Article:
Smith says that one distinct difference between her and Crist is how she would have handled the Confederate monument decision.
Crist was one of four Republicans on the board to initially vote to keep the monument in place, a surprise decision in comparison to what other communities in the South have decided on the controversial artifacts from the Civil War. The vote made national headlines, and the board chose to reverse its position and month later by voting to remove it (a vote that Crist did not cast as he was out of the state at the time).
In August, commissioners then reversed themselves once again, voting to keep the monument in place if the private sector couldn’t come up with half the costs ($140,000) for moving it to a Brandon cemetery.
Citizens, joined by the business community, rallied to raise that money in less than 24 hours.
Smith blasted Crist’s role in the monument debacle.
“I think he made a mess of the Confederate monument,” Smith said Tuesday. “Rather than leading the community to a resolution, he fostered and churned up more divisiveness than needed to be by first voting against it and then bringing up a ridiculous idea of the mural and another statue.”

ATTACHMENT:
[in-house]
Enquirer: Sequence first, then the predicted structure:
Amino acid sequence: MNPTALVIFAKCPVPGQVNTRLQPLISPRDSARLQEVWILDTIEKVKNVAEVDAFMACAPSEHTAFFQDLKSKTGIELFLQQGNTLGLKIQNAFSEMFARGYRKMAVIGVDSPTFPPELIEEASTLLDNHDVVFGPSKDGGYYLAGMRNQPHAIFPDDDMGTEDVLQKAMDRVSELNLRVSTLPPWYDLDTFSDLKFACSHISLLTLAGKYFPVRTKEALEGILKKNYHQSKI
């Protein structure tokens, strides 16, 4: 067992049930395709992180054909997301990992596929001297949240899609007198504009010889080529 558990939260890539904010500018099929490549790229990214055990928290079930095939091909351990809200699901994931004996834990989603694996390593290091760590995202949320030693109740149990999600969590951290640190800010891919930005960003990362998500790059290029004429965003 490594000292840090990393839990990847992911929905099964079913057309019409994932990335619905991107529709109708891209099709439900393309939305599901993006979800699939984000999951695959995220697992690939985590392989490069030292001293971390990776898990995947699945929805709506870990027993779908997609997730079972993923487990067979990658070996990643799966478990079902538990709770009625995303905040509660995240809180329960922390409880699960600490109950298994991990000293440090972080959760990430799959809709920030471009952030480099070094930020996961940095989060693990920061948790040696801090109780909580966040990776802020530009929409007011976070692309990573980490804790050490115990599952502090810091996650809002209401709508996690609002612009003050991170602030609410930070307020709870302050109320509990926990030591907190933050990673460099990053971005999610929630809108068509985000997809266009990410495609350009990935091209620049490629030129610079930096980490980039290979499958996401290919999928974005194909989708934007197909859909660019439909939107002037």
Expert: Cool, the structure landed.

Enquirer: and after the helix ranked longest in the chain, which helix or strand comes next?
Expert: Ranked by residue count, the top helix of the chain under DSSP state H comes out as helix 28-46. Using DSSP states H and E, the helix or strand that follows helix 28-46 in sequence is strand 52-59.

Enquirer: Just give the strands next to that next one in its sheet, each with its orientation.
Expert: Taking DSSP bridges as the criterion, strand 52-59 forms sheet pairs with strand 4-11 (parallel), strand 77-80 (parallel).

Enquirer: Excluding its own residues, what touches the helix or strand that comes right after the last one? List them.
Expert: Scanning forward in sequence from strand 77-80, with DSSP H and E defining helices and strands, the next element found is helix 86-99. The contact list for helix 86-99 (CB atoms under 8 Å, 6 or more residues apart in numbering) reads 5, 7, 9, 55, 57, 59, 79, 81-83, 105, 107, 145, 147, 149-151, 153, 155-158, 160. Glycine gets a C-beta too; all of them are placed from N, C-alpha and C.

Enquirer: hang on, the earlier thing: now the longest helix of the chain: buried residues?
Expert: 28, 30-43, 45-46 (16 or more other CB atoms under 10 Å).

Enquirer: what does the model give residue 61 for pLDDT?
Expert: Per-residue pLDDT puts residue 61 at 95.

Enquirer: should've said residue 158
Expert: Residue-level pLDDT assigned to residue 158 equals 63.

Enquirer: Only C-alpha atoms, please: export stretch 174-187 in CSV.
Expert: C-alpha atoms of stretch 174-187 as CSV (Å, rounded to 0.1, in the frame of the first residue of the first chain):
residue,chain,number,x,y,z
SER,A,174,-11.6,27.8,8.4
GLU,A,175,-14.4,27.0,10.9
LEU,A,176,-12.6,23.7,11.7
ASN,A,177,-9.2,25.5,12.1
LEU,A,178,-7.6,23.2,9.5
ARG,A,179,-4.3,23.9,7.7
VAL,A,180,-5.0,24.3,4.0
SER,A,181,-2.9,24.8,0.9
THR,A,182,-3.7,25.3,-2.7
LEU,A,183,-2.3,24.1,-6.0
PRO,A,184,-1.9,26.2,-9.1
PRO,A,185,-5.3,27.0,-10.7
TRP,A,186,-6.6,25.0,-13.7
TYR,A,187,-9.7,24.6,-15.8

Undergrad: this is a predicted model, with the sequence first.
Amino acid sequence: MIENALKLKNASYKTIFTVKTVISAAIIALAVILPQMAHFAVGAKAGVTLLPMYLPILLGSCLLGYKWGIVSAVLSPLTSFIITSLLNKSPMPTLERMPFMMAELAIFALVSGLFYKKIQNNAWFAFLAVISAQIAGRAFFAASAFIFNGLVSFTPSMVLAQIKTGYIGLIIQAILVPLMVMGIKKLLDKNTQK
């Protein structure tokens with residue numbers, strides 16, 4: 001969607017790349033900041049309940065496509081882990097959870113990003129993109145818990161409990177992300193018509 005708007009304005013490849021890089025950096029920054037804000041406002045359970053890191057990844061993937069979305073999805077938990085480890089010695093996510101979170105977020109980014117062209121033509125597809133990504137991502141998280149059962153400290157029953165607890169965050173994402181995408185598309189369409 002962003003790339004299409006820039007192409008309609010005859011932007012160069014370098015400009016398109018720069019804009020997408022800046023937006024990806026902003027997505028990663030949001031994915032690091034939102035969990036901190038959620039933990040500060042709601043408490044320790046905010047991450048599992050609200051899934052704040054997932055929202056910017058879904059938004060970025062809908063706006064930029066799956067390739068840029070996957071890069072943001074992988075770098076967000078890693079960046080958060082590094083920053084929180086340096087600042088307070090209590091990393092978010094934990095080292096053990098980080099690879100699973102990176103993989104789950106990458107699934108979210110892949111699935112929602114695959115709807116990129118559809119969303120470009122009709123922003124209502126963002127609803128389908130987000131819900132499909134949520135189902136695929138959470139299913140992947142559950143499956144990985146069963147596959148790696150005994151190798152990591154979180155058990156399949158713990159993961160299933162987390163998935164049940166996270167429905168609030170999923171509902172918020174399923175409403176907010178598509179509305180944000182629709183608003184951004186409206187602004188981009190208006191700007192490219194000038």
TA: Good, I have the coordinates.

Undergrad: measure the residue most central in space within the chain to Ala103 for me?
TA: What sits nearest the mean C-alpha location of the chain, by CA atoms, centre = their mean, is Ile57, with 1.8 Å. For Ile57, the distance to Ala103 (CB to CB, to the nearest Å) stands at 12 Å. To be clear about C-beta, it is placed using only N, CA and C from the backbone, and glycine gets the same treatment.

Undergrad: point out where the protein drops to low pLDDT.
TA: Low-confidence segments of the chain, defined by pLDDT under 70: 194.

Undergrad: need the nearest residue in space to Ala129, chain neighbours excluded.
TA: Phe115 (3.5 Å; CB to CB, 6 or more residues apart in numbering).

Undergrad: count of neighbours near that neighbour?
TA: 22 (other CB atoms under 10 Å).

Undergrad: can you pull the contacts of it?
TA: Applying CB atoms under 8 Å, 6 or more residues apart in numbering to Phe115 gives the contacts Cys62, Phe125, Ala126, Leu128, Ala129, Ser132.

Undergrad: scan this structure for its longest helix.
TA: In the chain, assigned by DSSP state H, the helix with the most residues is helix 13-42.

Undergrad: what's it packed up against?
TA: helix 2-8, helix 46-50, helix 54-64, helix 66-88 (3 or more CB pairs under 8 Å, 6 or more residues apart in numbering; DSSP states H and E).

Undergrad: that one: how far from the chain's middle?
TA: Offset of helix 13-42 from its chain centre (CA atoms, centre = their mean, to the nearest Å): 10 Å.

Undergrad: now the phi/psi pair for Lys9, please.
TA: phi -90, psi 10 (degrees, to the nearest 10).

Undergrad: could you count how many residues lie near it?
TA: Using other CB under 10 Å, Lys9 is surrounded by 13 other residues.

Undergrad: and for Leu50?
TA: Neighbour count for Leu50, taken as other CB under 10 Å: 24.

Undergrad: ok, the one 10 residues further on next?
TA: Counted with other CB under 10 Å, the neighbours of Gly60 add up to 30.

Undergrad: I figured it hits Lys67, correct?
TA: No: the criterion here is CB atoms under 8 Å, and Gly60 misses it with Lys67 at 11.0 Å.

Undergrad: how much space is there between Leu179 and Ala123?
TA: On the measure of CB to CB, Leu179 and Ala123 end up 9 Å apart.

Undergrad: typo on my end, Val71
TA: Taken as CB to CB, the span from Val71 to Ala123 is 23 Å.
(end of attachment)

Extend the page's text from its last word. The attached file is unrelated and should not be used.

Initially voting to keep the monument, Crist also proposed the board pay for another memorial, located behind the controversial statue, that would highlight the diversity in Hillsborough County. That plan never got off the ground.
“They just kept opening up the wounds,” Smith said of the monthslong saga. “That was poor leadership.”
“She is certainly entitled to her opinion, as incorrect and unfactual as it may be,” Crist responded. “It is obvious that she lacks the skill, knowledge and experience to handle the explosive, divisive and dangerous issues to make those kinds of comments.”
Crist added that he accurately predicted during the board’s third vote on the issue that the private sector would raise the necessary funds within 24 hours. “That’s because I had already made phone calls and already knew in advance that the private sector was ready to step up to the plate and cover the tab.” He went on to say that the board handled the issue “extremely well, and brought this entire issue to an end, and we did it safely.”
Smith still has a long way to become the party’s nominee, however. Mark Nash, Jae Passmore, Elvis Pigott and Corey Reynolds are also Democrats vying to compete in November.